We expect these funds to outperform their peers in the future. Remember, the goal of the Zacks Mutual Fund Rank is to guide investors to identify potential winners and losers. Unlike most of the fund-rating systems, the Zacks Mutual Fund Rank is not just focused on past performance, but also on the likely future success of the fund.
The question here is: why should investors consider mutual funds? Reduced transaction costs and diversification of portfolio without several commission charges that are associated with stock purchases are primarily why one should be parking money in mutual funds (read more: Mutual Funds: Advantages, Disadvantages, and How They Make Investors Money).
Federated MDT Small Cap Growth A (QASGX - Free Report) seeks capital growth for the long run. QASGX invests mainly in the common stocks of domestic small-cap companies. The fund attains its investment strategy by investing in those companies that are listed on the Russell 2000 Growth Index.
This Sector – Small Cap Growth product has a history of positive total returns for over 10 years. Specifically, the fund's returns over the three and five-year benchmarks are 16.7% and 16.2%, respectively. To see how this fund performed compared to its category, and other #1 and 2 Ranked Mutual Funds, please click here.
QASGX has an annual expense ratio of 1.15%, which is below the category average of 1.23%.
Hartford Small Company HLS (HDMBX - Free Report) seeks appreciation of capital. The fund invests in common stocks of companies that have strong capital growth potential. HDMBX’s sub-adviser, Wellington Management Company, LLP, invests the lion’s share of its assets in common stocks of companies that fall within the range of both the Russell 2000 and S&P SmallCap 600 Indices.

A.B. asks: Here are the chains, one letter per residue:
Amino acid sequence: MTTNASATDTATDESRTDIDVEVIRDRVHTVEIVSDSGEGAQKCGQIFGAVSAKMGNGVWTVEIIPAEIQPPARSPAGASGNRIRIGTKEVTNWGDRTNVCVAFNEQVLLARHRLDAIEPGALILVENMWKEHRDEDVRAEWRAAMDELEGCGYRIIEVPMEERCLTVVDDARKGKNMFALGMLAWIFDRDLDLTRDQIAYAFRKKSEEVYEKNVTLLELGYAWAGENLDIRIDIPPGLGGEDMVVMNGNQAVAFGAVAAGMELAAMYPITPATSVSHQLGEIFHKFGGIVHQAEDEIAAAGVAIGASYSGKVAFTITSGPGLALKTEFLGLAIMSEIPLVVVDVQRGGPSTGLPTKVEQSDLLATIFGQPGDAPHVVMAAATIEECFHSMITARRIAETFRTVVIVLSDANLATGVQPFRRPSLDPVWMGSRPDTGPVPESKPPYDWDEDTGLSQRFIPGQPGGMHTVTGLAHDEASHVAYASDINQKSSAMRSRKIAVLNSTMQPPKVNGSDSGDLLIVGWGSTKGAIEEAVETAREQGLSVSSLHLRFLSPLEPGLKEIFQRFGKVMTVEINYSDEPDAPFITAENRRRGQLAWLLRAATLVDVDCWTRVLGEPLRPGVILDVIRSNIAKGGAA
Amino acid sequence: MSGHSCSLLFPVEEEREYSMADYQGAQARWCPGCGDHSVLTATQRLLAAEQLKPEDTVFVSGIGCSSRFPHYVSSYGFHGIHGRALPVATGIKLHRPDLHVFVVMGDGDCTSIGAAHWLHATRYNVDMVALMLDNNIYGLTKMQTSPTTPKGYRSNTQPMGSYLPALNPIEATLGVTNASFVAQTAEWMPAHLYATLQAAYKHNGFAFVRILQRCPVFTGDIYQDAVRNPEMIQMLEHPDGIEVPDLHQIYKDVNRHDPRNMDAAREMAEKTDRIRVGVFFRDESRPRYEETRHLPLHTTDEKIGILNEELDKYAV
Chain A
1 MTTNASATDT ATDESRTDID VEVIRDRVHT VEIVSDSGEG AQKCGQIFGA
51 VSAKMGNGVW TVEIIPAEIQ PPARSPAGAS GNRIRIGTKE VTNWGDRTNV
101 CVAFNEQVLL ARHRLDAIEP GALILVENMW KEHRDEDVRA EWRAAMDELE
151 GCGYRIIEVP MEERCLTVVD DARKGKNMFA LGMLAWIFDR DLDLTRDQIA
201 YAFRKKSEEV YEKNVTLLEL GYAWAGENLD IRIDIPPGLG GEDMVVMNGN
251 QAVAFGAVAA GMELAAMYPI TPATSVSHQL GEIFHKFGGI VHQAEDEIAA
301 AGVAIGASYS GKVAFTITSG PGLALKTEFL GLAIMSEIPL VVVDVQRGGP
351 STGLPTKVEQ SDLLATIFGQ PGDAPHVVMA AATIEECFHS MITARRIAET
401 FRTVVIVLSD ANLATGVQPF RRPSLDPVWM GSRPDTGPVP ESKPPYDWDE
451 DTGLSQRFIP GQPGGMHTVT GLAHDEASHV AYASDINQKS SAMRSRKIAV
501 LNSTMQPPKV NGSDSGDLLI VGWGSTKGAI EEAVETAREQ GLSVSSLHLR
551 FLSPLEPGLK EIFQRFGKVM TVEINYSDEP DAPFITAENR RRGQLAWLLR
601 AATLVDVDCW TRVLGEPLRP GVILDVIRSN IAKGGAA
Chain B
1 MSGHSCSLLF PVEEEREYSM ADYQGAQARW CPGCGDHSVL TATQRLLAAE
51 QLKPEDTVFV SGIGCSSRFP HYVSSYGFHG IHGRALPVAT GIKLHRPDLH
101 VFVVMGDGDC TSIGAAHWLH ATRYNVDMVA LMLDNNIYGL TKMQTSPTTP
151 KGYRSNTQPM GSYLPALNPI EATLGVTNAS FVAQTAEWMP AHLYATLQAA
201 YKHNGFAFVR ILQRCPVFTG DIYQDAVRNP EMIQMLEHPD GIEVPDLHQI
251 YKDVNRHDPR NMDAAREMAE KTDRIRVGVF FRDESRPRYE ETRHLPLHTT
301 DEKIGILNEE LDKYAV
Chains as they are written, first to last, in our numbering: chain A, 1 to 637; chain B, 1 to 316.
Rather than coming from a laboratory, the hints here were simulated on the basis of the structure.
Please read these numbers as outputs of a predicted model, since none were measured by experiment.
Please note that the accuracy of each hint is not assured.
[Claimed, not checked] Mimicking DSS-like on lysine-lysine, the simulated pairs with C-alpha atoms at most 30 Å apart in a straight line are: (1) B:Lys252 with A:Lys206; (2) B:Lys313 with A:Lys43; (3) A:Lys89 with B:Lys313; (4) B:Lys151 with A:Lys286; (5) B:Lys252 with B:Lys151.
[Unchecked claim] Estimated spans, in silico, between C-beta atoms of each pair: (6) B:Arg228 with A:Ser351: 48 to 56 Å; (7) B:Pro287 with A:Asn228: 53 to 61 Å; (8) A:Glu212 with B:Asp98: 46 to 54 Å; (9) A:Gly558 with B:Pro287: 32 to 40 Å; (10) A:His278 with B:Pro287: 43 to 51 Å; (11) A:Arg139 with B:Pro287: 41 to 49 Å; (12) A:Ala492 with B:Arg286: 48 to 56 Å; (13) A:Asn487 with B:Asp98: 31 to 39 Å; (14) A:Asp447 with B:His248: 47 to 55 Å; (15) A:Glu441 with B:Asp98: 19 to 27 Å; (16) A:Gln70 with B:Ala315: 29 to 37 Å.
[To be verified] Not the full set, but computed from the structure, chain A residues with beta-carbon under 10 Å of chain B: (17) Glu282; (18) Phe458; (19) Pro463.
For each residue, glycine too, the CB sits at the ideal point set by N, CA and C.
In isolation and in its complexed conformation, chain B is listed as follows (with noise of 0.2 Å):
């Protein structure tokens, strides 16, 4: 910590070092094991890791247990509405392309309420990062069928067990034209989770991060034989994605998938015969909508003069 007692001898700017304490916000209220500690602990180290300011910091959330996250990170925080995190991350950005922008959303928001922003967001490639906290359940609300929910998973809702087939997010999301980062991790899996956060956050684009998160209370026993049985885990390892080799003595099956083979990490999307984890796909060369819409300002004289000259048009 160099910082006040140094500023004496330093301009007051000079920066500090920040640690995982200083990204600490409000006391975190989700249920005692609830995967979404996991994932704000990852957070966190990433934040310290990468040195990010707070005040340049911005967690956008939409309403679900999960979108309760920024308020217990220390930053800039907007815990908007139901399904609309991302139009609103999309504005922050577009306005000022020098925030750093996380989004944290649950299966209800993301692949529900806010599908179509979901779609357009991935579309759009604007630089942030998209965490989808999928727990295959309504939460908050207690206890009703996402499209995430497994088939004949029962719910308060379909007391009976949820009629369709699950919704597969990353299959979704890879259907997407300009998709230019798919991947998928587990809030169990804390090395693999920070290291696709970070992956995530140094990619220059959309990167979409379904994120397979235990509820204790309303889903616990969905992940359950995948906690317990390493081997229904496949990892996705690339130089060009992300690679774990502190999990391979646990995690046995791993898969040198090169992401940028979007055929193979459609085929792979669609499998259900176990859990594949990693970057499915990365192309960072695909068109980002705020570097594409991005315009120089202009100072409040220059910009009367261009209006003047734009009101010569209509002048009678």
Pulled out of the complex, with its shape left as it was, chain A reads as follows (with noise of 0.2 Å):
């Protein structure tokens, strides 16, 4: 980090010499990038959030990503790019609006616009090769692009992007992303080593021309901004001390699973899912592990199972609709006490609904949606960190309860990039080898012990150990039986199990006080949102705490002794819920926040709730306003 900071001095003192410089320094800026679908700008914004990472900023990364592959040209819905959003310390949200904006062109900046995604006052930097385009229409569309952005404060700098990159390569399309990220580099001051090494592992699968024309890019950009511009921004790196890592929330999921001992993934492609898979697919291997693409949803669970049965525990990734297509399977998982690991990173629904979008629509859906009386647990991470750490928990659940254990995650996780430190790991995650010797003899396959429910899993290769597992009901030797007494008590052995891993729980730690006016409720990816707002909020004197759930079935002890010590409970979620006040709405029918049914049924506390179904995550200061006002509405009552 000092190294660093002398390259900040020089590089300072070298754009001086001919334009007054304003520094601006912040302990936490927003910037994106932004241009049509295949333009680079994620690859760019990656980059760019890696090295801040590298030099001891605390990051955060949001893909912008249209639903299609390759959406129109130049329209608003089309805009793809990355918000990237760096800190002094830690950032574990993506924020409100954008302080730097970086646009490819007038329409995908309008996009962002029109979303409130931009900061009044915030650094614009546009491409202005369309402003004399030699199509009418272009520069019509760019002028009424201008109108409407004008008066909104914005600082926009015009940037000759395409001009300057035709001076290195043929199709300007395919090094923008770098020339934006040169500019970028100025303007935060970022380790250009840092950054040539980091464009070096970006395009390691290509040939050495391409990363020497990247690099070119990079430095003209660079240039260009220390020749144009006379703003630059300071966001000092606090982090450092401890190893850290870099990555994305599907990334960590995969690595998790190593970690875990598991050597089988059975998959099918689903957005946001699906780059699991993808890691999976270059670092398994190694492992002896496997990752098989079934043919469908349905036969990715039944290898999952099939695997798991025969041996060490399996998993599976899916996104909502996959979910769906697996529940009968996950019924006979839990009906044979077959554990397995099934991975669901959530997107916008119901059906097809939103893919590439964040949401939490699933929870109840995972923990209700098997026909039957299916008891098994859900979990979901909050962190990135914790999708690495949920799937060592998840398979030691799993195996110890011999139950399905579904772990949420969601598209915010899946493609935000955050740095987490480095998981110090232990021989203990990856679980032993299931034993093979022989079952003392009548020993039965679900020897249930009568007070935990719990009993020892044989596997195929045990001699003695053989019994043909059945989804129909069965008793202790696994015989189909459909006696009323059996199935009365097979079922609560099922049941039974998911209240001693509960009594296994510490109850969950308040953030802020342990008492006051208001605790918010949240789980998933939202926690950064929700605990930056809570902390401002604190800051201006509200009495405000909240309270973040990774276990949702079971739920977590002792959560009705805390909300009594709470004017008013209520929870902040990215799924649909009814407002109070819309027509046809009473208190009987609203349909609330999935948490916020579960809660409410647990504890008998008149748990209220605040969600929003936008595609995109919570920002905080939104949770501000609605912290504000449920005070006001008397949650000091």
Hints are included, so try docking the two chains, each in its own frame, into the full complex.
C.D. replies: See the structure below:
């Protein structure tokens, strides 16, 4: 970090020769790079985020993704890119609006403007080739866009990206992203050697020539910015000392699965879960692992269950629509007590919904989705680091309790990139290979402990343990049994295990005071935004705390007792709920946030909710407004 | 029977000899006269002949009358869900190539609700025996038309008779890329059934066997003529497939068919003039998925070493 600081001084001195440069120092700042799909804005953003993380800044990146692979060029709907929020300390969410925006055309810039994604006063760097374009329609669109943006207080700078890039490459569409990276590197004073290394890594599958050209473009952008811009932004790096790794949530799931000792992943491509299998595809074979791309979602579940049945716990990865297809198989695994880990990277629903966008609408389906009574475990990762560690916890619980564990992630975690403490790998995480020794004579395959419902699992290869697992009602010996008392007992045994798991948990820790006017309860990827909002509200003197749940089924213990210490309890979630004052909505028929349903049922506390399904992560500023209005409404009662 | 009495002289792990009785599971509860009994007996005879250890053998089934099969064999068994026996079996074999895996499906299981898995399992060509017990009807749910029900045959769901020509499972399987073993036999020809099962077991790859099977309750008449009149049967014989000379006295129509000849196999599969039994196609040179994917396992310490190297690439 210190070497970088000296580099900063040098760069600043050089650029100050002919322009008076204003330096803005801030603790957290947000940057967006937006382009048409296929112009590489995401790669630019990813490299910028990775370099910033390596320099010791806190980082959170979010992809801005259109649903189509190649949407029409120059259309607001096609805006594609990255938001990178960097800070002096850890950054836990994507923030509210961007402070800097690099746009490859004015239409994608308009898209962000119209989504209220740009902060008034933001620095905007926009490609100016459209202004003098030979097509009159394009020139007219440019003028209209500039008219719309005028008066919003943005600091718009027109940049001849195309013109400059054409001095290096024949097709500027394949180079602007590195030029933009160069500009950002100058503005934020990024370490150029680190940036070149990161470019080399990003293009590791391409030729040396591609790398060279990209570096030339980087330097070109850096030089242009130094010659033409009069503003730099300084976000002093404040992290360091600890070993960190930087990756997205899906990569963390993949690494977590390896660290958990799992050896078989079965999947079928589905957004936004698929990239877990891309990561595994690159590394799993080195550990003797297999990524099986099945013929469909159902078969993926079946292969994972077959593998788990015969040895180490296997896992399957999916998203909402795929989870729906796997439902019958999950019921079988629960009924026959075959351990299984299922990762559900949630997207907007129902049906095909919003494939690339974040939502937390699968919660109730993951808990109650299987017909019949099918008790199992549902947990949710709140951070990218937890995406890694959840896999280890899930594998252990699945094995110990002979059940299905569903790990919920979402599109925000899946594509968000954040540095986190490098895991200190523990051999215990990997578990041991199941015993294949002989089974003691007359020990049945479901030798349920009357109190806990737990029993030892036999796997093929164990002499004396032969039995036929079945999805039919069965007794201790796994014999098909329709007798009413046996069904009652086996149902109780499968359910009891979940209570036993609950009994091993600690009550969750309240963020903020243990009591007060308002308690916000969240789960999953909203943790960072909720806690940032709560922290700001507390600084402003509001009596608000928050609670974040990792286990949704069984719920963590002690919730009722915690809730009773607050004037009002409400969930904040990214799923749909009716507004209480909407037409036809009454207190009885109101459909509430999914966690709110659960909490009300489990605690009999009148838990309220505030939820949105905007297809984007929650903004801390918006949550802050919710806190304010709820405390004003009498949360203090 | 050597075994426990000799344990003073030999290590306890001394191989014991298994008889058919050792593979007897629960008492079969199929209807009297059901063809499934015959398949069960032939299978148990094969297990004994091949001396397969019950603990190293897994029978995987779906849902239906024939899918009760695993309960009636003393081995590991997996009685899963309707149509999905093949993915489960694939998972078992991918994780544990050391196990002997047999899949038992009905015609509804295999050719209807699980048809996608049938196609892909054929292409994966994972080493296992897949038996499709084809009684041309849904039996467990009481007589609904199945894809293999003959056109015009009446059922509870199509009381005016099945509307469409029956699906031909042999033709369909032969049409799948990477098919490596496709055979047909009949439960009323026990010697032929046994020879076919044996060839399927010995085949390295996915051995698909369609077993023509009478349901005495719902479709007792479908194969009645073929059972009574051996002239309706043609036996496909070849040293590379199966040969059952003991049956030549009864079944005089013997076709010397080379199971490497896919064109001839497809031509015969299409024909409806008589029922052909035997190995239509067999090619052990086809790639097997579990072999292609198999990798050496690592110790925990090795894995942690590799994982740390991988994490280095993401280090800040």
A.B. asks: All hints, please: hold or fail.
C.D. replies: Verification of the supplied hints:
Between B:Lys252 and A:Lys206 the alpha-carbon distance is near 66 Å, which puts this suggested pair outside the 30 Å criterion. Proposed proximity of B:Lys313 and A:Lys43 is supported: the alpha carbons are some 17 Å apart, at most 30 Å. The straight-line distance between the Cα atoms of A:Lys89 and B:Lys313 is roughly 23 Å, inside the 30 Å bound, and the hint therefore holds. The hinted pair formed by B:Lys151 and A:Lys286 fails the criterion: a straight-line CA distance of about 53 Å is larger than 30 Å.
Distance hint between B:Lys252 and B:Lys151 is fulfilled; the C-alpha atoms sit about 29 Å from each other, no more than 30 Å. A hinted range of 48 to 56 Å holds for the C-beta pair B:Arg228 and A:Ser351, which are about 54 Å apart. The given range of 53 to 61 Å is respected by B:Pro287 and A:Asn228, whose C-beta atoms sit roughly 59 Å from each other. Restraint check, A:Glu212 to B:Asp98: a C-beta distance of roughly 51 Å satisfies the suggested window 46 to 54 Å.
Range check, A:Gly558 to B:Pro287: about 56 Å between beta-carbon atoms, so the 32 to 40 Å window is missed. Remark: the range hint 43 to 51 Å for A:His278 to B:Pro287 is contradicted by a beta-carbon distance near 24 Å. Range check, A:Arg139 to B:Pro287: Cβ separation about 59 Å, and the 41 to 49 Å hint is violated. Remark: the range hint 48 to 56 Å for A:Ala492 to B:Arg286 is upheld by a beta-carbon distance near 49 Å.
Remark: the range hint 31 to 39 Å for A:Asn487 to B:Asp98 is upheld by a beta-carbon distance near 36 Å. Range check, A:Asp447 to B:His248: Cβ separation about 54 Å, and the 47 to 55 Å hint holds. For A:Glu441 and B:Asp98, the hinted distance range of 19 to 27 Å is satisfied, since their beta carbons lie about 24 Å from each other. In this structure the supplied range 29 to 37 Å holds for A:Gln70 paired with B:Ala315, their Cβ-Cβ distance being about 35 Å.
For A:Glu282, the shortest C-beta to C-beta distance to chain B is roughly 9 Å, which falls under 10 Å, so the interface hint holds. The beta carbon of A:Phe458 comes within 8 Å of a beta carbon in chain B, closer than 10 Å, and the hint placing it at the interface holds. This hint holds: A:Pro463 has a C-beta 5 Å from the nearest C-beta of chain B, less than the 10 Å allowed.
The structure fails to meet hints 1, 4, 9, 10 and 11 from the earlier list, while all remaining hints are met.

This Sector – Small Cap Growth product has a history of positive total returns for over 10 years. Specifically, the fund's returns over the three and five-year benchmarks are 7.8% and 11.3%, respectively. To see how this fund performed compared to its category, and other #1 and 2 Ranked Mutual Funds, please click here.
HDMBX has an annual expense ratio of 1.03%, which is below the category average of 1.23%.
MassMutual Select Small Cap Growth Equity R5 (MSGSX - Free Report) invests a large chunk of its assets in equity securities of companies, whose market cap is similar to those included in the S&P SmallCap 600 Index or the Russell 2000 Index. The fund may also invest around one-fifth of its assets in foreign companies, including those engaged in emerging markets.
This Sector – Small Cap Growth product has a history of positive total returns for over 10 years. Specifically, the fund's returns over the three and five-year benchmarks are 10.8% and 13.5%, respectively. To see how this fund performed compared to its category, and other #1 and 2 Ranked Mutual Funds, please click here.
MSGSX has an annual expense ratio of 0.96%, which is below the category average of 1.23%.
Want key mutual fund info delivered straight to your inbox?
Zacks' free Fund Newsletter will brief you on top news and analysis, as well as top-performing mutual funds, each week. Get it free >>